Tip: The Vitamin You've Got To Take... Seriously.

If you're not taking it, this is your wake-up call.

You Need the D

Unless you're beach bumming or running around in the desert, chances are you're not spending enough time in the sun. The result? Your vitamin D levels sag lower than Lil Wayne's pants. This is doubled for indoor athletes and gym rats who, by default, get little exposure to sunshine.

Being vitamin D deficient – a common situation for those of us living in the Northern Hemisphere – wreaks havoc on your health and performance.

Many Western maladies (diabetes, cardiovascular disease, cancer and increased mortality just to name a few) have been linked with not getting enough vitamin D. Even a mild lack of vitamin D, while not life threatening, can cause aches, pains, and a general feeling of lethargy (1).

Luckily, exogenous vitamin D intake carries a myriad of advantages for athletes and the general population.

Let's start with a question bound to pique every meathead's curiosity: Does vitamin D supplementation affect your strength? And if so, by how much?

Science says yes. A comprehensive research paper noted that daily vitamin D intake significantly increases both upper and lower limb strength (2).

Another review investigating the effects of vitamin D on strength measures in athletes found a positive impact on muscle strength. It should be noted that not all D's are equal. Vitamin D2 had no effect whereas vitamin D3 showed a clear trend for strength gains, which ranged from 1.37 to 18.75% in the studies analyzed (3).


The promise of adding pounds to your bench press and squat max should convince even the most skeptical gym bro of its performance-enhancing powers. But does extra D contribute to sports performance on the field?

In a UK study conducted on professional athletes and healthy non-athletes, subjects supplementing with 5000 IU of D3 per day for eight weeks witnessed a significant improvement in 10-meter sprint time and vertical jump height over subjects taking placebo. Interestingly, the researchers also stated that inadequate vitamin D concentration is downright detrimental to athletic performance (4).

Yet another study done on college football players participating in the NFL Scouting Combine found a link between low D and lower extremity muscle strain or core muscle injury (5).

If that wasn't enough, the positive effects of vitamin D aren't limited to increased strength, improved sports performance, or injury prevention. Vitamin D levels are inversely related with upper respiratory tract infections. If you're low on D, your risk of catching the flu goes way up (6). On a larger scale, this can have a jarring effect not only on the performance of individual athletes but on the entire team as well if the flu works its way through the roster.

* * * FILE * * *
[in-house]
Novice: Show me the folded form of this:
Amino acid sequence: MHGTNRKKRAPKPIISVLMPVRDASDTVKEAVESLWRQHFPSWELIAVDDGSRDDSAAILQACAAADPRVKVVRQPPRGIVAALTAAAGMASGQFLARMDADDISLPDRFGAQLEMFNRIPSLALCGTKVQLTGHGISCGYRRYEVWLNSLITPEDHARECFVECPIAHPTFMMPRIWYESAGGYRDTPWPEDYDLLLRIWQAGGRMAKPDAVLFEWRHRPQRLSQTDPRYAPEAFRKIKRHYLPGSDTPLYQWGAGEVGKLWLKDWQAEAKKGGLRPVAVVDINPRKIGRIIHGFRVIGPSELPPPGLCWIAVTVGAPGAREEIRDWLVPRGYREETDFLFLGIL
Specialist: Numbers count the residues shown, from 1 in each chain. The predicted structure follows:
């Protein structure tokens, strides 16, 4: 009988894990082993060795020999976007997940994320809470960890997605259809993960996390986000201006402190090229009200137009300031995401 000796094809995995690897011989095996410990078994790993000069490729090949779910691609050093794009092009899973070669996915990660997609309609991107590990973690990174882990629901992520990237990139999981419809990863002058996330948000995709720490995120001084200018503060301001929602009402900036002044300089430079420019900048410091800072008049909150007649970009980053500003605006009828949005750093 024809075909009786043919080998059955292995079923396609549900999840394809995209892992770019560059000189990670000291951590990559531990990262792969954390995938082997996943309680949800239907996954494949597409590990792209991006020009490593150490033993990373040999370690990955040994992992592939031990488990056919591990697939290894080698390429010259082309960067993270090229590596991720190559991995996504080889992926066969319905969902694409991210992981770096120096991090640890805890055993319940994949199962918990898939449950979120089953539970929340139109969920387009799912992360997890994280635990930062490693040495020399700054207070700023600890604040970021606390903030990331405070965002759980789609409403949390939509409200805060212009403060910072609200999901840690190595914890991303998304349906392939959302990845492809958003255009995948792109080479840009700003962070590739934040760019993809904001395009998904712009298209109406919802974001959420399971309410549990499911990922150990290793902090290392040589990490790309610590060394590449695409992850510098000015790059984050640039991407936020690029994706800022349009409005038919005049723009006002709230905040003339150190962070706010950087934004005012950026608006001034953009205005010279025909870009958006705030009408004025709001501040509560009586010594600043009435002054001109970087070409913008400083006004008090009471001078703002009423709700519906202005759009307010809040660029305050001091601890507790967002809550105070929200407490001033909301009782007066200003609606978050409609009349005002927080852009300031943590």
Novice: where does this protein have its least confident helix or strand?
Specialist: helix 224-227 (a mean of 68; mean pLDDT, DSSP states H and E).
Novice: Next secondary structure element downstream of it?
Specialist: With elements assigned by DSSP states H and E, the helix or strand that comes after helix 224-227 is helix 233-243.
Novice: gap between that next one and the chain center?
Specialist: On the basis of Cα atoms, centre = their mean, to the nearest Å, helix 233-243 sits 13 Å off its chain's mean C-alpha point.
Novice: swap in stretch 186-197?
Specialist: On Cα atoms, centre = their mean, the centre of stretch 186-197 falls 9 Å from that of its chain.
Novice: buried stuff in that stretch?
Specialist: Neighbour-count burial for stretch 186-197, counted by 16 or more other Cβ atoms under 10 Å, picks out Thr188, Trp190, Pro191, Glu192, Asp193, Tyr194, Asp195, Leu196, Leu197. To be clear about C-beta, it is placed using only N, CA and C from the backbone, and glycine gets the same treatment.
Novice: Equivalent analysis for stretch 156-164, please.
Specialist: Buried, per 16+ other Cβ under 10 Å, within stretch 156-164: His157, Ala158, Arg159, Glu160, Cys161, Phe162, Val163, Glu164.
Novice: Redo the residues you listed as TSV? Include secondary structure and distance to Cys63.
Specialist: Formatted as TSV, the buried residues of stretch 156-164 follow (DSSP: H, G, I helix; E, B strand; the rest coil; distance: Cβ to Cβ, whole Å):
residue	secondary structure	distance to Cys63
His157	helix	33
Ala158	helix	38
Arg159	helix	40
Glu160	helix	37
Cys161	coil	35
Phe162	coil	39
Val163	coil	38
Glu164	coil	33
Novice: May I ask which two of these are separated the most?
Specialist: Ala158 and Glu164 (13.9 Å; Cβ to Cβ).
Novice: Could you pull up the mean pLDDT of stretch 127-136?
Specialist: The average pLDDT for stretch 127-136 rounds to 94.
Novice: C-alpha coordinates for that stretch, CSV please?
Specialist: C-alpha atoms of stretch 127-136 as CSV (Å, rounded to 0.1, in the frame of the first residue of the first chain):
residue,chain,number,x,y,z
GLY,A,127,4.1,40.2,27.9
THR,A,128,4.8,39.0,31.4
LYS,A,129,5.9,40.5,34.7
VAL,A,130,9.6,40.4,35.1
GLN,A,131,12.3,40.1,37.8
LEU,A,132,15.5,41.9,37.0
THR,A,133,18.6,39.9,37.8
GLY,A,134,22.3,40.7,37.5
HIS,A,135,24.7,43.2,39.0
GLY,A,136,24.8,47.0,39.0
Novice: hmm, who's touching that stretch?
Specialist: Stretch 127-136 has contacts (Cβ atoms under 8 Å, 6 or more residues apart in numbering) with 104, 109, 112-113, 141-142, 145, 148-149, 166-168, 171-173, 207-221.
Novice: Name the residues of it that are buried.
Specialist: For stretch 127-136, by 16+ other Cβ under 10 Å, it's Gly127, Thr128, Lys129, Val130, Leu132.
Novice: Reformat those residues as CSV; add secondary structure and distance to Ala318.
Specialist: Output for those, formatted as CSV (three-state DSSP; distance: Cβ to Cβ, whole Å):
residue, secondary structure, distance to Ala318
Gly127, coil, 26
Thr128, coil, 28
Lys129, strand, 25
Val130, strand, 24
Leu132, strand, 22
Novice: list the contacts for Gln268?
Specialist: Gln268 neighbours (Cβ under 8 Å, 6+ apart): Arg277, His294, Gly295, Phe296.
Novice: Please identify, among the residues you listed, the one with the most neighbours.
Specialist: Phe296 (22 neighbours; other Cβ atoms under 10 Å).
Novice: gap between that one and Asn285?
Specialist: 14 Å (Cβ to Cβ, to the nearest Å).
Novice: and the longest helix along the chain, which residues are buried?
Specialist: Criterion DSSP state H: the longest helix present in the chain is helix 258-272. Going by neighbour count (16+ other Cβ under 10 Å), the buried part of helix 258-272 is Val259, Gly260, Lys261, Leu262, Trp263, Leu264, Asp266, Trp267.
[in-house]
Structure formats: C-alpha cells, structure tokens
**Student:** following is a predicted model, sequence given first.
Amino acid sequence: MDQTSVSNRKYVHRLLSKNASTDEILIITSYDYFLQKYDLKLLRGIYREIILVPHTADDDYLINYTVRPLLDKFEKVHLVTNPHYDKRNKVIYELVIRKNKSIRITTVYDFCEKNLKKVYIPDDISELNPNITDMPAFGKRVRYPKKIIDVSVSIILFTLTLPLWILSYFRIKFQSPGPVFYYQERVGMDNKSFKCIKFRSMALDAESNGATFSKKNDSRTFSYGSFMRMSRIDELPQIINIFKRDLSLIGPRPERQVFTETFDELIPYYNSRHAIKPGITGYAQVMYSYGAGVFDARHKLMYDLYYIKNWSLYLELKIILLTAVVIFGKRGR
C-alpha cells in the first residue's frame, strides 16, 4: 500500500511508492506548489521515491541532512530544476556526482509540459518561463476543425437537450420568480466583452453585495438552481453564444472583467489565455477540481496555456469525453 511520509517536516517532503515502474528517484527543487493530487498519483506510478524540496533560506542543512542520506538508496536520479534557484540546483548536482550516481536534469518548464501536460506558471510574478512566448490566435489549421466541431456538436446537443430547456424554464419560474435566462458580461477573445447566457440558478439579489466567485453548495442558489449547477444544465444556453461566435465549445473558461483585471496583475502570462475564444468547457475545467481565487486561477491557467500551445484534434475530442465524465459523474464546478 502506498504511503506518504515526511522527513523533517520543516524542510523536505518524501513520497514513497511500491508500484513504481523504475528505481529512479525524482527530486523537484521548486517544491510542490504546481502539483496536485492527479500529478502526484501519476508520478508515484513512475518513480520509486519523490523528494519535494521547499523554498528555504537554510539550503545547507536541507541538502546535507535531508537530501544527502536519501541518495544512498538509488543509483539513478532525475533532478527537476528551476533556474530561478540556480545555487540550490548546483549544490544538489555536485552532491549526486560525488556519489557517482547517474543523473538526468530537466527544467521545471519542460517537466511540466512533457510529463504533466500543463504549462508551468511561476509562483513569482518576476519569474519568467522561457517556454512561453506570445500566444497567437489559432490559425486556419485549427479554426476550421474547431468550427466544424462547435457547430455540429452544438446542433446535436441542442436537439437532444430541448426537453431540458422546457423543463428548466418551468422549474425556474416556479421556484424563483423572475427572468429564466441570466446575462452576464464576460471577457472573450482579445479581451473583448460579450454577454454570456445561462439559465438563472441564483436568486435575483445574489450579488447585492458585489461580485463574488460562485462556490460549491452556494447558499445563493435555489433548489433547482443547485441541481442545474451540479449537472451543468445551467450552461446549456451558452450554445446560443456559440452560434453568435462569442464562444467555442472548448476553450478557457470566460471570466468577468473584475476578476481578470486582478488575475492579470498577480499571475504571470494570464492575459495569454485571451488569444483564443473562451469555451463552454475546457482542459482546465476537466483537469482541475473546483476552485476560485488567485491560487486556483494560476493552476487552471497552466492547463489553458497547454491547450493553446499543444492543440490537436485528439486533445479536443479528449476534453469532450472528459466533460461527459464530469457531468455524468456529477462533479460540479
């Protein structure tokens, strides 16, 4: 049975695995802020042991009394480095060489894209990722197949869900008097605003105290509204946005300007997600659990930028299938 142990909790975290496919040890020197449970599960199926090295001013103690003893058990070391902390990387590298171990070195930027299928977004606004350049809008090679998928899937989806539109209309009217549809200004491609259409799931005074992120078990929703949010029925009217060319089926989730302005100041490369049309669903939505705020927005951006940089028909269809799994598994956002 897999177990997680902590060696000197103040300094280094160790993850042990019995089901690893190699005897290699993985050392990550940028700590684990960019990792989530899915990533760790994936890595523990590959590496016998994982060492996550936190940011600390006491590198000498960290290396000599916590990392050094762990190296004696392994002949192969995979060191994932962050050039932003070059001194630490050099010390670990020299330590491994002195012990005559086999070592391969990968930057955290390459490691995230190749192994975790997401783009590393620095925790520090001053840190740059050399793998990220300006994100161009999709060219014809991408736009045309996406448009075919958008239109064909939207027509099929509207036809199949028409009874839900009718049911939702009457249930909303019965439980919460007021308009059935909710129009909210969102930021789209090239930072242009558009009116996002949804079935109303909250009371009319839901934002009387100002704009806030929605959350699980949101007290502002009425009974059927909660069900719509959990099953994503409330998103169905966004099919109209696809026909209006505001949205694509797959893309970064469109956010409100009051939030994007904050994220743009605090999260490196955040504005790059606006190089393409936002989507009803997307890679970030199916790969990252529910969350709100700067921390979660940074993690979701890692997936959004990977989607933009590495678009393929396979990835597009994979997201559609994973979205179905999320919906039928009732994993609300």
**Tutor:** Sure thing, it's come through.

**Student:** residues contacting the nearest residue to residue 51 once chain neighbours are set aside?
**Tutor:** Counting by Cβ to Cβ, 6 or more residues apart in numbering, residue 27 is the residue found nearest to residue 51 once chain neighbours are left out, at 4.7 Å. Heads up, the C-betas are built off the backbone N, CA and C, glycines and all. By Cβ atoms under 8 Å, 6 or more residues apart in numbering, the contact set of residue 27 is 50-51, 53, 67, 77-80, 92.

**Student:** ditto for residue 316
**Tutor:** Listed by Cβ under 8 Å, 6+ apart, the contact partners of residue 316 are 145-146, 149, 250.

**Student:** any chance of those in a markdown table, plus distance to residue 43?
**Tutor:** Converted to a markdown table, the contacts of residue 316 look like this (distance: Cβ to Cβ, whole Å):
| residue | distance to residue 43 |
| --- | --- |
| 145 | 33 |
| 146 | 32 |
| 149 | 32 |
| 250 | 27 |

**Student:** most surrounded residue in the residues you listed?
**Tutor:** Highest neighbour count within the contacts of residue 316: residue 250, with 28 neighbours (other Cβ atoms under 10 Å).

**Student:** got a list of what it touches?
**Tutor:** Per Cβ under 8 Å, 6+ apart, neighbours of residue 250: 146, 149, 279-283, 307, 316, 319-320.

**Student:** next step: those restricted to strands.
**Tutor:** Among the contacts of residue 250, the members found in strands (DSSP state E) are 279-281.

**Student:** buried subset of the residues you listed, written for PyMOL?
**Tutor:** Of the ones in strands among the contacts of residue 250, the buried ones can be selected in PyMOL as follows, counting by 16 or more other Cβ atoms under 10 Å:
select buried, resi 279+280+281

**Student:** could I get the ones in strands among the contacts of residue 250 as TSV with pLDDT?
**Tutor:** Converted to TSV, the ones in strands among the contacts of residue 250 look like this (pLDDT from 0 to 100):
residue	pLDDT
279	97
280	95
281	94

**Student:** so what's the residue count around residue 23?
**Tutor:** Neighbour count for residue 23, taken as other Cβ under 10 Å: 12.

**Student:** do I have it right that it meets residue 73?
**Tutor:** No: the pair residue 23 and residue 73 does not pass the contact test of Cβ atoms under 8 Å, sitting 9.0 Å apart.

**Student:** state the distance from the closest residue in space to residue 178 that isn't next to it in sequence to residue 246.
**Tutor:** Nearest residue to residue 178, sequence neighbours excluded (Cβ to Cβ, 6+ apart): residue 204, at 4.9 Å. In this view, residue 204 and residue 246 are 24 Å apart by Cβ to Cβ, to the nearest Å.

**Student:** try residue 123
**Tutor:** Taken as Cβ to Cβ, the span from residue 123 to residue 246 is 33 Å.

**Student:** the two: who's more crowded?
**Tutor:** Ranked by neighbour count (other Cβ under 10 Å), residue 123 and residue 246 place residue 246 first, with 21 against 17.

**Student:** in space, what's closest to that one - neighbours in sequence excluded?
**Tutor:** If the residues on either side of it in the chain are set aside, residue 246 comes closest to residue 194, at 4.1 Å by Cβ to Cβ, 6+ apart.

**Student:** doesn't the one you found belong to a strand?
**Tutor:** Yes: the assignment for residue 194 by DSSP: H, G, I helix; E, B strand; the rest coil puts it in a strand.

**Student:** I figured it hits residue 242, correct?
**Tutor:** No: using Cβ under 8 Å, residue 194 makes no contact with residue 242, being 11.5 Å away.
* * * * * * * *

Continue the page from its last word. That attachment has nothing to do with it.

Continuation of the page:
As you can guess by now, a daily dose of D protects against acute respiratory tract infection (7). So, do yourself and those around you a favor by stocking up on bottles of vitamin D and make sure your buddies follow suit. That way, if you happen to sneeze right in some poor sap's grill after he tickles your ribs with an illegal jab or two in a wild goal-mouth scramble during practice, he'll be spared the vile phlegm fest otherwise bound to ensue.

If you suspect your vitamin D is low, your first step is to get a blood test. Past your 30's, you should be monitoring your health markers through regular blood work anyway, so this is nothing to scoff at.

Even if your lab results indicate you're within range of "acceptable" D levels, popping a pill or two every day, thus pushing your D numbers from average to optimal, can only help.

Probably more than you'd think. According to the Food and Nutrition Board, 2000 IU is a safe daily "tolerable upper intake level" for vitamin D. However, this may be lower than justified. In fact, daily doses of D3 up to 10,000 IU have been deemed safe in healthy subjects (8).

Nevertheless, you can't go wrong with taking some extra vitamin D. It's cheap, convenient, and most importantly, it works.

  1. Galesanu C et al. Vitamin D Deficiency and the Clinical Consequences. Rev Med Chir Soc Med Nat Iasi. Apr-Jun 2015;119(2):310-8. PubMed.
  2. Abrams GD et al. Effects of Vitamin D on Skeletal Muscle and Athletic Performance. J Am Acad Orthop Surg. 2018 Apr 15;26(8):278-285. PubMed.
  3. Chiang CM et al. Effects of Vitamin D Supplementation on Muscle Strength in Athletes: A Systematic Review. J Strength Cond Res. 2017 Feb;31(2):566-574.
  4. Close GL et al. Assessment of vitamin D concentration in non-supplemented professional athletes and healthy adults during the winter months in the UK: Implications for skeletal muscle function. J Sports Sci. 2013;31(4):344-53. PubMed.
  5. Hospital for Special Surgery. More than half of college football athletes have inadequate levels of vitamin D: Vitamin D deficiency linked to muscle injuries. ScienceDaily. 17 March 2017.
  6. Ginde AA et al. Association Between Serum 25-Hydroxyvitamin D Level and Upper Respiratory Tract Infection in the Third National Health and Nutrition Examination Survey. Arch Intern Med. 2009 Feb 23;169(4):384-90. PubMed.
  7. Martineau AR et al. Vitamin D supplementation to prevent acute respiratory tract infections: Systematic review and meta-analysis of individual participant data. BMJ 2017; 356:i6583. PubMed.
  8. Hathcock JN et al. Risk assessment for vitamin D. Am J Clin Nutr. 2007 Jan;85(1):6-18. PubMed.
Yunus Barisik specializes in making athletes strong, fast, and explosive. His book, Strength Training for Ice Hockey, is the most research-based and practical book on hockey training ever published. Follow on Instagram